[cryptography] US Appeals Court upholds right not to decrypt a drive

Steven Bellovin smb at cs.columbia.edu
Fri Feb 24 16:28:41 EST 2012

On Feb 24, 2012, at 2:30 57PM, James A. Donald wrote:

> Bottom line is that the suspect was OK because kept his mouth zippered, neither admitting nor denying any knowledge of the encrypted partition.
> Had he admitted control of the partition, *then* they would have been able to compel production of the key.
> The court did not concede any right to refuse to decrypt a drive if you admit possession of the contents.
> So:  Don't talk to police about the contents of your drive, or indeed anything of which they might potentially disapprove.

No, I don't think that that's quite what the ruling said.  It's a long, complex opinion; what you said is close to one aspect of it, but not (in my non-lawyer opinion) precisely what the court said.

The first point, not addressed in your note but quite important to the ruling, is that the key has to be something you know, not something you have.  If the keying material is on a smart card, you have to turn that over and you're not protected.  If a PIN plus smart card is needed, you still have to turn over the smart card but not disclose the PIN.

Second, and going to the heart of your point, what's essential is whether or not they already know in reasonable detail what's on the encrypted drive; depending on the circumstances, they may already have that knowledge regardless of what you've said.  The issue of admitting possession is not what this case focused on; in fact, the prosecution tried to finesse that point by granting limited immunity on that point.  Quoting from the opinion:

	'The U.S. Attorney requested that the court grant Doe immunity limited to “the use [of Doe’s] act of production of the unencrypted contents” of the hard drives. That is, Doe’s immunity would not extend to the Government’s derivative use of contents of the drives as evidence against him in a criminal prosecution. The court accepted the U.S. Attorney’s position regarding the scope of the immunity to give Doe and granted the requested order. The order “convey[ed] immunity for the act of production of the unencrypted drives, but [did] not convey immunity regarding the United States’ [derivative] use” of the decrypted contents of the drives.'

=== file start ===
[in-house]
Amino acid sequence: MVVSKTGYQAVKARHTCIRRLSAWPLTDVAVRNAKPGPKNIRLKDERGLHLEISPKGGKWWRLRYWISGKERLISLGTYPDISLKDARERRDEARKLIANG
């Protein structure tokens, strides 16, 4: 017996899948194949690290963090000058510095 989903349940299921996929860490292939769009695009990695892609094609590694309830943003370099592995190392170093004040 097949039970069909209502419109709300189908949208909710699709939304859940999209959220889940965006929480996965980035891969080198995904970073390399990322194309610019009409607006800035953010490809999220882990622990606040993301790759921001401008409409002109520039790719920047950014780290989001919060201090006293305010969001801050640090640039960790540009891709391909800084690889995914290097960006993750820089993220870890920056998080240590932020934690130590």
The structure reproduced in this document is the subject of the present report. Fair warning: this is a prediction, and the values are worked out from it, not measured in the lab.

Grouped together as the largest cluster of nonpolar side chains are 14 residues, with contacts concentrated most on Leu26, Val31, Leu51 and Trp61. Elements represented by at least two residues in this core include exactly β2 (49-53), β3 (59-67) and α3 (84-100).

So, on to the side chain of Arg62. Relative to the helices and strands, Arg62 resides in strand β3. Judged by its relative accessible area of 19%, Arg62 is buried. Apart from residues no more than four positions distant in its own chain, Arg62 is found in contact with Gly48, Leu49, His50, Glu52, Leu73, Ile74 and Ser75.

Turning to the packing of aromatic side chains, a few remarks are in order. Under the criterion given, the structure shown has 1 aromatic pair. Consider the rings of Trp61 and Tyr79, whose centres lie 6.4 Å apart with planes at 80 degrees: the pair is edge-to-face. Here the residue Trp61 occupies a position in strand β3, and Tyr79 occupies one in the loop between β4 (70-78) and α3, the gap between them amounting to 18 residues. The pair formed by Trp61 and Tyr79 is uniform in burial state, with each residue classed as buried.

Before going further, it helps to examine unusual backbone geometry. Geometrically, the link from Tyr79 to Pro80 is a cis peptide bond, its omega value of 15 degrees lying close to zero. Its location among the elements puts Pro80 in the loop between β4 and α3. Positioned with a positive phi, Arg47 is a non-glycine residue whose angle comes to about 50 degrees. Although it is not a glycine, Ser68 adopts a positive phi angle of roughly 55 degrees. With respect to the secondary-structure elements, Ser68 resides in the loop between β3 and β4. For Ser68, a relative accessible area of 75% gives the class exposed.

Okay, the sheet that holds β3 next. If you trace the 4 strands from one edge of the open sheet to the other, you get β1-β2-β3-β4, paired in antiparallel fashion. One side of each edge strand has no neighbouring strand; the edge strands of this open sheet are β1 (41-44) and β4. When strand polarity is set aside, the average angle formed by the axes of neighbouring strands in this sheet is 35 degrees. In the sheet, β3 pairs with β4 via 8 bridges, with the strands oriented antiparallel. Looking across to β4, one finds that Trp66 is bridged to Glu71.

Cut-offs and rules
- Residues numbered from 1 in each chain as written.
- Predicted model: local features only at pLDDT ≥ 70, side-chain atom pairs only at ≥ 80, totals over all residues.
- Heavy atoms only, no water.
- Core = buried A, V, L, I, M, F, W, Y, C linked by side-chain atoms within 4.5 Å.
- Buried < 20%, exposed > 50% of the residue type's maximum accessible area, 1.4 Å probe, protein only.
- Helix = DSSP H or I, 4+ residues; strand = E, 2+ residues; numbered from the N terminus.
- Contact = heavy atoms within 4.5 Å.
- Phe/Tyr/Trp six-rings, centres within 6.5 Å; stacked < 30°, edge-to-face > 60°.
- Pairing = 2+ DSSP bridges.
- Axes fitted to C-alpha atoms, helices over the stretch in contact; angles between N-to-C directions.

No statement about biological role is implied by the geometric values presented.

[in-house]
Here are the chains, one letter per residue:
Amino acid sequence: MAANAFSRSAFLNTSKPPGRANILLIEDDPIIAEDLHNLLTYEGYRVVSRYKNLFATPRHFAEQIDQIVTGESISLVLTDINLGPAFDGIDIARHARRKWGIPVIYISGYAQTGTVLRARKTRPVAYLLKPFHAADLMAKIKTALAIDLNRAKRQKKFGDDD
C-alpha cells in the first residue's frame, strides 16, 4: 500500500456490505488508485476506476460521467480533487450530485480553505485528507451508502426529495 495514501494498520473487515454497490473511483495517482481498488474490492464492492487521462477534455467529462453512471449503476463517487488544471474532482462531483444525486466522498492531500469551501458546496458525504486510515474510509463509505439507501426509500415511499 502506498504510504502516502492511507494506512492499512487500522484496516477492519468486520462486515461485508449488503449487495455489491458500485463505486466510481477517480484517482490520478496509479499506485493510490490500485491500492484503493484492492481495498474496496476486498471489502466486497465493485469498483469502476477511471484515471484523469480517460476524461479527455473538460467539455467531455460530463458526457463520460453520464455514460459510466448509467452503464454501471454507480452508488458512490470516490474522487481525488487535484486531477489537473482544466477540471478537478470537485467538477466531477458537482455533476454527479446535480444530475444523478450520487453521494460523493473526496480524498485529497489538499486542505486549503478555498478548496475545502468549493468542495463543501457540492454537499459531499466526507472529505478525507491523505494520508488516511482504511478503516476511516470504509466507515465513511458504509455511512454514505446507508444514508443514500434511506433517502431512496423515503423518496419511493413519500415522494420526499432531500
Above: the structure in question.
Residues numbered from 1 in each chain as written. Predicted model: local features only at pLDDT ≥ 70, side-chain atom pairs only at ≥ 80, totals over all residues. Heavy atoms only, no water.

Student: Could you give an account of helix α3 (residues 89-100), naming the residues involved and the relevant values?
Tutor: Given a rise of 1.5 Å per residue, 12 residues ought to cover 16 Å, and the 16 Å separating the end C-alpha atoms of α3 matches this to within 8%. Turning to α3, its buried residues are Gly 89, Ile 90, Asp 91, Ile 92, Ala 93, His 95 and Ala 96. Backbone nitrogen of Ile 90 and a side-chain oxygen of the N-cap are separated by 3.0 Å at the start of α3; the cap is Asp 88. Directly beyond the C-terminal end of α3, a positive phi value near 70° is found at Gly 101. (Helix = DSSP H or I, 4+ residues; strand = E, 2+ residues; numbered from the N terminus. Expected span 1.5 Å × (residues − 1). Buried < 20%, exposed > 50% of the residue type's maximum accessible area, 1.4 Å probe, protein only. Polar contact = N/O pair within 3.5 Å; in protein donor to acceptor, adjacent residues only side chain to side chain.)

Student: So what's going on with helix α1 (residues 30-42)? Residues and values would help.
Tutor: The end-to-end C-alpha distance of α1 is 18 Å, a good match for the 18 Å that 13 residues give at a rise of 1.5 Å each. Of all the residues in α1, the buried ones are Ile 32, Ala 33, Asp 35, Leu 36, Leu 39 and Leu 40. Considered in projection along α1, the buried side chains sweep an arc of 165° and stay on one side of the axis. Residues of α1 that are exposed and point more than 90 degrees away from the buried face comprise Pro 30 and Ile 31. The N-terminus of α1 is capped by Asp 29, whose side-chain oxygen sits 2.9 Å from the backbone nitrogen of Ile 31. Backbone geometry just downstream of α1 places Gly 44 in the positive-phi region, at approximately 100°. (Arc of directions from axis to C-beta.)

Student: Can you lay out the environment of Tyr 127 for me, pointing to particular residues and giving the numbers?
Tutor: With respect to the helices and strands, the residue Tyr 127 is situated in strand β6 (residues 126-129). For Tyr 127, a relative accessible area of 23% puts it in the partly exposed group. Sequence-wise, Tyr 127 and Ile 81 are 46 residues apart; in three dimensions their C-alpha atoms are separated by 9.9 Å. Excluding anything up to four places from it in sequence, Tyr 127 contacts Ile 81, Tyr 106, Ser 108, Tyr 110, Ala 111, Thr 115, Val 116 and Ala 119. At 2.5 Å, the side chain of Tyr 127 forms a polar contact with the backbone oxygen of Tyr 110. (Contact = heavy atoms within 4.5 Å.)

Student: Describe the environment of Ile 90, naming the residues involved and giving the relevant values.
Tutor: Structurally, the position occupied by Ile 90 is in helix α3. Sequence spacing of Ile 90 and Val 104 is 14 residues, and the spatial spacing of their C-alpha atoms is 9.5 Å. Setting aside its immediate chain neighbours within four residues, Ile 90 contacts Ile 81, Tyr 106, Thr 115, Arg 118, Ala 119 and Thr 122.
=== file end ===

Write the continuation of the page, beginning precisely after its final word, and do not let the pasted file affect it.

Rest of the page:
In other words, the fact of control of the encrypted data -- aka knowledge of the key -- was not at issue; the prosecution had agreed not to use that.  What was important was the files on the drive.  This is what distinguishes this case from Boucher (a case discussed in the opinion).  

The other current case is Fricosu, where a trial judge has ordered her to decrypt her laptop.  The Court of Appeals for that circuit -- the 10th; the opinion I cited is from the 11th, and hence not binding on this court -- declined to hear her appeal, not on the merits but because as a matter of procedure they won't intervene at this point in a trial.  If she's convicted, she can appeal on the grounds that her Fifth Amendment rights were violated, but not until then.  It's worth noting that the trial judge made his ruling on the same basis as the 11th Circuit Court of Appeals: did the government have enough prior knowledge of the contents that her rights were not infringed?  An appellate court may find that he didn't rule correctly on that point, or it may decline to adopt the 11th Circuit's reasoning -- but the fundamental legal reasoning is the same; what's different is the facts of the case.  (Btw, Fricosu did not talk to the police; however, she made injudicious statements to her husband in a monitored jailhouse call...)

		--Steve Bellovin, https://www.cs.columbia.edu/~smb

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